The perfect tenses are formed by using the auxiliary verb to have and adding the past participle of the main verb. Thus, the present perfect is formed by taking the present tense of to have (has or have) and adding the past participle of the main verb.
The present-perfect tense is appropriate in two situations: (1) the action was completed at some indefinite time in the past or (2) the action occurred in the past but continues to the present. Here’s an example of the present-perfect tense showing completion of the act at some indefinite time in the past:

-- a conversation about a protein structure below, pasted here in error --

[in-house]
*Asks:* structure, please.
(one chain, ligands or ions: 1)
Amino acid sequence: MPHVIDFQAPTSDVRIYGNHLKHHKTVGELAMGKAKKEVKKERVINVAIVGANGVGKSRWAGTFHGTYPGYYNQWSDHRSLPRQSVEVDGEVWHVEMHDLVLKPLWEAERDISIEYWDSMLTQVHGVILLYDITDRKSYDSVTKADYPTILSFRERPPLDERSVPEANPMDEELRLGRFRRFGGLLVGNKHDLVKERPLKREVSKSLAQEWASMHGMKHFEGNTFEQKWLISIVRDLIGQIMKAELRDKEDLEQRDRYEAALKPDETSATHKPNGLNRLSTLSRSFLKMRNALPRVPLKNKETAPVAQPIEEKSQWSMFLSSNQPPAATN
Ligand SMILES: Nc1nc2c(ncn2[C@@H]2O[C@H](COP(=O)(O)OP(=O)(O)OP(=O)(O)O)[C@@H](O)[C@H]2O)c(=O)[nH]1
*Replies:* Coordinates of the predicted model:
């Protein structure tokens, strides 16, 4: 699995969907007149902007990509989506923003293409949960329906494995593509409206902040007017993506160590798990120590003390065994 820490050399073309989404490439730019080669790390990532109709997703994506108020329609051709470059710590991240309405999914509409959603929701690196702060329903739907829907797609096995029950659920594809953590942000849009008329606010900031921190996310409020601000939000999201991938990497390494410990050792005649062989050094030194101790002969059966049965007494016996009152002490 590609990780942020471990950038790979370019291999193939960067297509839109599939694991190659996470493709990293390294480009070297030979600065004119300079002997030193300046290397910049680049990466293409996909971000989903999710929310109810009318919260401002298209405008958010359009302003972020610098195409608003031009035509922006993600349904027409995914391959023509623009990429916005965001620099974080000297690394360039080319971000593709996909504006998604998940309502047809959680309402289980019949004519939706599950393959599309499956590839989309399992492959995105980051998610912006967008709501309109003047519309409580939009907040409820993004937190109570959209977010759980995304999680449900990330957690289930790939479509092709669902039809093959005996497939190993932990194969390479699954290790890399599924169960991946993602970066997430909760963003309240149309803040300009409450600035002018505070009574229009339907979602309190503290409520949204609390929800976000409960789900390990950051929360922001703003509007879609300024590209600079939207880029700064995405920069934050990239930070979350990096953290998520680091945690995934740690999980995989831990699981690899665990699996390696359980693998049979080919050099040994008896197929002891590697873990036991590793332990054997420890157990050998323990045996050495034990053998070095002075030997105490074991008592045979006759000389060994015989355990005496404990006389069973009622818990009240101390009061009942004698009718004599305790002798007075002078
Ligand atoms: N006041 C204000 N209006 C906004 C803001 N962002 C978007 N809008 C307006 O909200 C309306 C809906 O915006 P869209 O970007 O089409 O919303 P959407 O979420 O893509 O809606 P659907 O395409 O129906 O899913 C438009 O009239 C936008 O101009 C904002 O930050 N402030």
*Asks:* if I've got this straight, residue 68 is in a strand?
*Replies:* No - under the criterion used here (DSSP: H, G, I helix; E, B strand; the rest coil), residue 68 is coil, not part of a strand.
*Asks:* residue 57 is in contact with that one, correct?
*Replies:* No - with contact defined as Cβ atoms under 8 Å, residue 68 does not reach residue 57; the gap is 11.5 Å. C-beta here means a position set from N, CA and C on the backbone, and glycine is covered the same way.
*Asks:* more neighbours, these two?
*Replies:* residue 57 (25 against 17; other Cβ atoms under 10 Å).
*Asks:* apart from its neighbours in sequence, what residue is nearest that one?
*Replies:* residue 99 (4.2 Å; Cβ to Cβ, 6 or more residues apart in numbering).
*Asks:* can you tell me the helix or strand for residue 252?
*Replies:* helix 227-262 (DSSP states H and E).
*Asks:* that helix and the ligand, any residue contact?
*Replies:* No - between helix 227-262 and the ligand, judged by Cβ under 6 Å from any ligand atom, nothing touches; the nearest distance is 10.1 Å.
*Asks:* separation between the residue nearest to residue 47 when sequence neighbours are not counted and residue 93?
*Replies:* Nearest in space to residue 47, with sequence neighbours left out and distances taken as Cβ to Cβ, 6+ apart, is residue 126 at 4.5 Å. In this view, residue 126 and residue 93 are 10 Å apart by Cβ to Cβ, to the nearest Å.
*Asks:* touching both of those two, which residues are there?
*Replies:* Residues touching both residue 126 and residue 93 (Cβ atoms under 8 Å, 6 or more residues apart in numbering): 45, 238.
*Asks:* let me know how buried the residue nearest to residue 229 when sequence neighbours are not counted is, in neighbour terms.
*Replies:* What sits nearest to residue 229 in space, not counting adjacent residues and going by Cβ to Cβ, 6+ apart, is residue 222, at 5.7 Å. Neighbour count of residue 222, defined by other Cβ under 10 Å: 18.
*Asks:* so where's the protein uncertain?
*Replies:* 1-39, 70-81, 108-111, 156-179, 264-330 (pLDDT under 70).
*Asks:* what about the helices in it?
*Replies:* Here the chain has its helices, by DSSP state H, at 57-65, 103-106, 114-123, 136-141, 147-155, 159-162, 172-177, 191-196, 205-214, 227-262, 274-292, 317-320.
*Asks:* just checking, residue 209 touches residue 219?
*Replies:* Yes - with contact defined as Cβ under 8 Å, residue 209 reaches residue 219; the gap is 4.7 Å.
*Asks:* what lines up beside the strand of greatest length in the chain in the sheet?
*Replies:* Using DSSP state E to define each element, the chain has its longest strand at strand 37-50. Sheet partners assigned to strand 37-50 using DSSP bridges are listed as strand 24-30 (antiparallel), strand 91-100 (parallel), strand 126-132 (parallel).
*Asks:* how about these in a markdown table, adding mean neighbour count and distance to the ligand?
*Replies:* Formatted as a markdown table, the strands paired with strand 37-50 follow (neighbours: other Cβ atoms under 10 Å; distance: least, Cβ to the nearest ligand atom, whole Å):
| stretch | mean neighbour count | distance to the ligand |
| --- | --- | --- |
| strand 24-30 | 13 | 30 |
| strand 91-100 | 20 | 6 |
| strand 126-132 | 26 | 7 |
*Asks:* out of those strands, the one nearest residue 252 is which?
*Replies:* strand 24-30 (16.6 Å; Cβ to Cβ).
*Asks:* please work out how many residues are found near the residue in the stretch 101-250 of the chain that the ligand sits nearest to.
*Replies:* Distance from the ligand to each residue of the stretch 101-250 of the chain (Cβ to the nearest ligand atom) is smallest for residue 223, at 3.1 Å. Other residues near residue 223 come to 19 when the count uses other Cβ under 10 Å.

We have seen this movie before.
And here’s an example of the present-perfect tense showing a past action continuing to the present:
He has worked on his thesis for three weeks now.
Remember the two conditions: (1) the past time is indefinite or (2) the past action continues to the present. If these conditions don’t persist, then the present-perfect tense is incorrectly used. Here’s a mistake, with the fix shown parenthetically:
I have played golf all afternoon yesterday.
(I played golf all afternoon yesterday.)
(The past time is definite.)